Ministry of Human Resource Development is deliberating on terms of reference and composition of a commission on education. Given the state of our education system and its performance at all levels it is a welcome step. An even more urgent need for a commission to formulate a coherent policy of education emerges from the recent flurry of half thought through reforms. However, a cursory glance at the history of Indian education after independence will conclusively prove that commissions (and committees) come and go; education continues on its steeply downhill road as usual. Recommendations of commissions become subject of excited debates in the press and then part of academic discourse; their practical impact never results in any improvement. With this history in mind one naturally wonders if the new education commission is going to be another exercise of the same kind.
The second problem is that the UPA2 government has only about one year left now. The Prime Minister announced the intentions of his government to appoint a commission on education on 15th August 2011; the government took more than eighteen months to come to the stage of deliberations on ToR and composition; when less than a year of its mandate is left. A commission that covers all that is being considered in the ToR, as one hers, can hardly complete its work in the tenor of the present government. And if it does, the quality of its analysis and recommendations is likely to be uncritically guided by current push for ‘education for economic competition’, as that is the dominant ideology in power circles today; or by some particular school of educational thought that might be close to the heart of bureaucrats or their confedents. Again, our recent history tells us that the new governments—if headed by another party—almost never respect such decisions made by the previous governments. Therefore, an education commission set up now will be relegated to very low priority and a new debate on its ToR and composition will begin as soon as a new government is formed.
Before one can start thinking of the ToR for and composition of the commission a reasonable assurance from the system to counter this threat is necessary. Without such assurance setting up a commission on education is nothing but a vacuous exercise, or worst, a political fraud played on people. This assurance can not come from the present day government, nor from any particular party. The only mechanism that may reasonably assure this is perhaps the CABE. If the CABE decides that it will relentlessly push for the recommendations of the commission to be debated in the parliament and in public in a time bound manner, and that also continuously pressurize the government for implementation of the accepted recommendations, again in a time bound manner; the exercise of setting up a commission may become useful, and perhaps effective in improving the education available to out children and youth. Therefore, a firm commitment from CABE is a necessity.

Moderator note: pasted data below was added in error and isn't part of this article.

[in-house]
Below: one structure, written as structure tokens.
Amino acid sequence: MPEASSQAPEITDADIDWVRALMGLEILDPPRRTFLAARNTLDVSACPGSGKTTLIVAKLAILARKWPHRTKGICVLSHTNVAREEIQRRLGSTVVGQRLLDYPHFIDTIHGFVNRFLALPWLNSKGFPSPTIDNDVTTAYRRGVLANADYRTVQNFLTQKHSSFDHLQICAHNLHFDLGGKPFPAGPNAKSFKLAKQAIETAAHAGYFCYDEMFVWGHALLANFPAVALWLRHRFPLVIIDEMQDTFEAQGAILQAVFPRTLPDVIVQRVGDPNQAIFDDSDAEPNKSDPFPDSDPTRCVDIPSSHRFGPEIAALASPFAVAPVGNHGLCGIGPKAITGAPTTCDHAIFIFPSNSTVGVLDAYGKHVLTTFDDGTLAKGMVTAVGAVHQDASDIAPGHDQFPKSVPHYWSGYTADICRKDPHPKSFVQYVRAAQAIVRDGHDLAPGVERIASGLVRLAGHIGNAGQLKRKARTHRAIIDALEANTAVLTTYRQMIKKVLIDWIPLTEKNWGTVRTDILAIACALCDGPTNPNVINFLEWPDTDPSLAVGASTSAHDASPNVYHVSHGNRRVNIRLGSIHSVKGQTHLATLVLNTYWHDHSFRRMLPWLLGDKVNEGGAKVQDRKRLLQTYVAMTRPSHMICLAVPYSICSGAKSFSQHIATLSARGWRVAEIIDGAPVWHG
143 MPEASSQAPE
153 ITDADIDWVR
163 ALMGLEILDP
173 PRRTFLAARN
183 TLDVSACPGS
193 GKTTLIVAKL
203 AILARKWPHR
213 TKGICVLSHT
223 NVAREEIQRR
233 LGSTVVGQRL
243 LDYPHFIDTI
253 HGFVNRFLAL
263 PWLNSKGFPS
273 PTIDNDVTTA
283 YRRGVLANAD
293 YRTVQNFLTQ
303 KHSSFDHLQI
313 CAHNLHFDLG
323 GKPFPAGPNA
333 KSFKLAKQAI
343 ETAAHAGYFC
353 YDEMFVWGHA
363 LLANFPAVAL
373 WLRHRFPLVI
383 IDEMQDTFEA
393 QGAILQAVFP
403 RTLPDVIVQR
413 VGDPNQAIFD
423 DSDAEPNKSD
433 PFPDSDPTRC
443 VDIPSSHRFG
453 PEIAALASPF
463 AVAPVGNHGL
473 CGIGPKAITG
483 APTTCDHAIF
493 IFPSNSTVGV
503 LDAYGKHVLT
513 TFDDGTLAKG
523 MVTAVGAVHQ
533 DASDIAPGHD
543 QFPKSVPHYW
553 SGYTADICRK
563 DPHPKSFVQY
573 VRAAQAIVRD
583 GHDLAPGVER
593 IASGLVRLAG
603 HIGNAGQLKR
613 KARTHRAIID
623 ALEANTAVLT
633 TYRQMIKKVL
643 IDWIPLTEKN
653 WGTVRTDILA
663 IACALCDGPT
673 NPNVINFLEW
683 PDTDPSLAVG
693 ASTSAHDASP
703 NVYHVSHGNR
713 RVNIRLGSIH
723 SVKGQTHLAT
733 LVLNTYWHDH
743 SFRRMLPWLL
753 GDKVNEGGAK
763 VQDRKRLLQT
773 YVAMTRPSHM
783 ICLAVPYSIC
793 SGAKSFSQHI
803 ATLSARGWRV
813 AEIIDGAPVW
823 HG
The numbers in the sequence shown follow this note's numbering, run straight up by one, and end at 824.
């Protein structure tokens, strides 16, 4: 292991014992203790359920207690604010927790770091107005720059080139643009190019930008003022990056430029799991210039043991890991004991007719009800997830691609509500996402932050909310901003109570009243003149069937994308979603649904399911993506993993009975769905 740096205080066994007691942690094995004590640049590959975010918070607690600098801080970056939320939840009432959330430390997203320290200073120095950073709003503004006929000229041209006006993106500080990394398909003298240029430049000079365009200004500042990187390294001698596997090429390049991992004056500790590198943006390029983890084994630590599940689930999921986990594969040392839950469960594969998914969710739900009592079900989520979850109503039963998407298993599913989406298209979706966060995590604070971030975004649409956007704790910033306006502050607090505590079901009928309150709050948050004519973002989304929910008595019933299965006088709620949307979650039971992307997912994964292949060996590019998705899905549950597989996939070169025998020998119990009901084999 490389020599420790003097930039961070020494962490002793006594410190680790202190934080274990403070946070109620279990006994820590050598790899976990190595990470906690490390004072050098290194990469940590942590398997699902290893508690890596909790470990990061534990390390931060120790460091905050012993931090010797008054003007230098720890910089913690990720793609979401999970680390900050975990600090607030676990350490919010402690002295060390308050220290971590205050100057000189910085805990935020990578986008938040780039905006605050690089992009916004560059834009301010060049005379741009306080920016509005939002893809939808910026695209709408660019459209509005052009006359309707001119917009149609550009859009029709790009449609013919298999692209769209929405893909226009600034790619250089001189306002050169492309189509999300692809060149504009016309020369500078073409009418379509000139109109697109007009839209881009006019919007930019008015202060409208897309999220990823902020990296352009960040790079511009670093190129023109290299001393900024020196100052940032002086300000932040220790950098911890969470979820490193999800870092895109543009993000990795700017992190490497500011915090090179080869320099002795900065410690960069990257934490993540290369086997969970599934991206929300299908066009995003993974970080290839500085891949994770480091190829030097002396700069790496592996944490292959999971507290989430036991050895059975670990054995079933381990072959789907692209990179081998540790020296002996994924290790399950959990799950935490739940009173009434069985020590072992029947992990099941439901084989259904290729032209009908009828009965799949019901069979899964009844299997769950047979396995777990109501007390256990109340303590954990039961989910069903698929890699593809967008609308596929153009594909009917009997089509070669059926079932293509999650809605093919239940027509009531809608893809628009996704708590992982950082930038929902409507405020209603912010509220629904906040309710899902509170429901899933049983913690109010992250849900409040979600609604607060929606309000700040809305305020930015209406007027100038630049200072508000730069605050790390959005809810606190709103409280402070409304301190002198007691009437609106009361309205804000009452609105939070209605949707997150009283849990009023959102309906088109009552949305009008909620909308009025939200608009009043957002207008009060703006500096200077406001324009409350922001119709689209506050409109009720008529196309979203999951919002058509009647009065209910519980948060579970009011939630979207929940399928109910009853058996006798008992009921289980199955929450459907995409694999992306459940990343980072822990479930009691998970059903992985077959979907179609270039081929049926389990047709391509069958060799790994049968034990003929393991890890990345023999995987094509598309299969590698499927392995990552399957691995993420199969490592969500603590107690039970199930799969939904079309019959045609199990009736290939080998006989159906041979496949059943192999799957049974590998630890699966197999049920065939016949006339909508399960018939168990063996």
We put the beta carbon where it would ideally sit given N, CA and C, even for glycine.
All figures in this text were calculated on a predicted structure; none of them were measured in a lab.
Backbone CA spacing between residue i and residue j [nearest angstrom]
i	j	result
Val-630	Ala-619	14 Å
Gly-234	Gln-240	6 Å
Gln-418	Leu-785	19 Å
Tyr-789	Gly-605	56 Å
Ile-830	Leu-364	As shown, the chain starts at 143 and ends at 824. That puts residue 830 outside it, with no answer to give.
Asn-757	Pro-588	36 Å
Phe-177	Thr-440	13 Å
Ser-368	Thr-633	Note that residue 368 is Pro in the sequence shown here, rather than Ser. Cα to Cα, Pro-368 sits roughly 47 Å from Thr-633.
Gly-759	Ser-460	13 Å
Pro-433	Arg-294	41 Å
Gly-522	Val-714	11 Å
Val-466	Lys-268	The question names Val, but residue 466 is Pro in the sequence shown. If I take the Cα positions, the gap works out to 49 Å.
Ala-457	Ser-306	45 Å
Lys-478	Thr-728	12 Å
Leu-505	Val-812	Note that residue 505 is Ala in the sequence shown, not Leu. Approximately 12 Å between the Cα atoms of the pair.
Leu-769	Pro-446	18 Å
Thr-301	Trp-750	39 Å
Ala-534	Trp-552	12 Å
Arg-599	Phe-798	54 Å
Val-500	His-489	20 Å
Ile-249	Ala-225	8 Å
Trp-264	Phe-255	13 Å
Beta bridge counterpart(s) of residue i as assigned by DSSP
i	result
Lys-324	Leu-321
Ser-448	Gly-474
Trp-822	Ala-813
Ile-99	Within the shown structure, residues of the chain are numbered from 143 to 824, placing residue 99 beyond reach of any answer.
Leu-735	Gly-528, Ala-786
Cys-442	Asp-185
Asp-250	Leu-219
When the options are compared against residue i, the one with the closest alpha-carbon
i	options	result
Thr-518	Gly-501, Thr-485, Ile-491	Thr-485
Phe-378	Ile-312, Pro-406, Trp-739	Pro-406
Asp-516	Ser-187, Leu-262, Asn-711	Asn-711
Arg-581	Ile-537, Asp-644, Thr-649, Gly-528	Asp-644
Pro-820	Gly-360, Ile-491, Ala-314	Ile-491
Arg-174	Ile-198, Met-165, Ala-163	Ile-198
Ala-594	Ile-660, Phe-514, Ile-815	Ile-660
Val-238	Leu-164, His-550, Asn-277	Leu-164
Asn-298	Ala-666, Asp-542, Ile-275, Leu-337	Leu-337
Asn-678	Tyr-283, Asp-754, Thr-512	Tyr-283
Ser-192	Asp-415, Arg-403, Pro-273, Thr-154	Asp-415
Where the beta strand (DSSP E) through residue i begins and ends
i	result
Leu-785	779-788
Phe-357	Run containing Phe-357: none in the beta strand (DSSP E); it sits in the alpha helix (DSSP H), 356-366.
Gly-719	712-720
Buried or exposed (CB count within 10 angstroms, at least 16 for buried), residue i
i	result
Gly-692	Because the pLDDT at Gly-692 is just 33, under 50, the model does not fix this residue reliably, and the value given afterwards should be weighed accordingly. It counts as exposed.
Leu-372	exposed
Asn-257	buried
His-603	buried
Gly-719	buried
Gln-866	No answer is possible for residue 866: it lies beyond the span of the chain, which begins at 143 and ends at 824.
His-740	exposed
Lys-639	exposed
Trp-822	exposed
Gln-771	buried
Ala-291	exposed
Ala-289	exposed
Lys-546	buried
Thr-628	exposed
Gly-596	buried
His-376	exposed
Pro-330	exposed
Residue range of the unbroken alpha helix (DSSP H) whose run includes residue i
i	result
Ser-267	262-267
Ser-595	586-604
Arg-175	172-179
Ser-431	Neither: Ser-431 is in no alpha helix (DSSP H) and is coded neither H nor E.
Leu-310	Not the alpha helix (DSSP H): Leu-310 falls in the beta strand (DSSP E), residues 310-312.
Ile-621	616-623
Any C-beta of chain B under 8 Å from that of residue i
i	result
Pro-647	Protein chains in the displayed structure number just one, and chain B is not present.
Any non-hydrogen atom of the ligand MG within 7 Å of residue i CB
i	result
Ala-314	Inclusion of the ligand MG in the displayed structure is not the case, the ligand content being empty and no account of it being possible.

Some general points about the ToR
An important step in tackling the first problem; that is: ignoring recommendations of commissions; can perhaps be taken up in the ToR itself. There is a dire need of studying our political and administrative system to understand why all useful and positive recommendations fail? Just repeating this common truth will not help. We need to understand what is there in the character of our educational administration and political system that reduces all reforms to naught, or worse still, used them for the sole benefit of the administrative structure itself. The recent Right to Education Act is a glaring example of turning it against those who pushed for it. The civil society pushed for this act mainly to force the government to take responsibility and improve its own education system. What is happening in the implementation is that it is being used against all but the government system. The new education commission should seriously study all previous commissions, their recommendations, what happened to those recommendations, and why? It should suggest mechanisms to avoid the same fate of its own recommendations.
Any system—political, administrative, economic—to be true to its policies requires a critical mass of people in it who understand those policies and their implications, who have firm convictions regarding their beneficial nature, and who have qualities of character to take personal risk and responsibility in pushing for them. If the critical mass of such people in a system falls below a certain level—I am not sure what that level is, it is the job of social sciences to study that, the system stops functioning for the values it was created for and stats being used for the benefit of powers within it. It is clear that there are very few people in our education system who understand education, educational policies and have the required strength of character to implement them in spirit and letter. No amount of legislation and systemic reforms in pure organizational and administrative terms is going to be successful unless the critical mass of such determined individuals within it is increased. The education commission should study this problem and suggest ways and means of increasing this critical mass of driving energy within the system.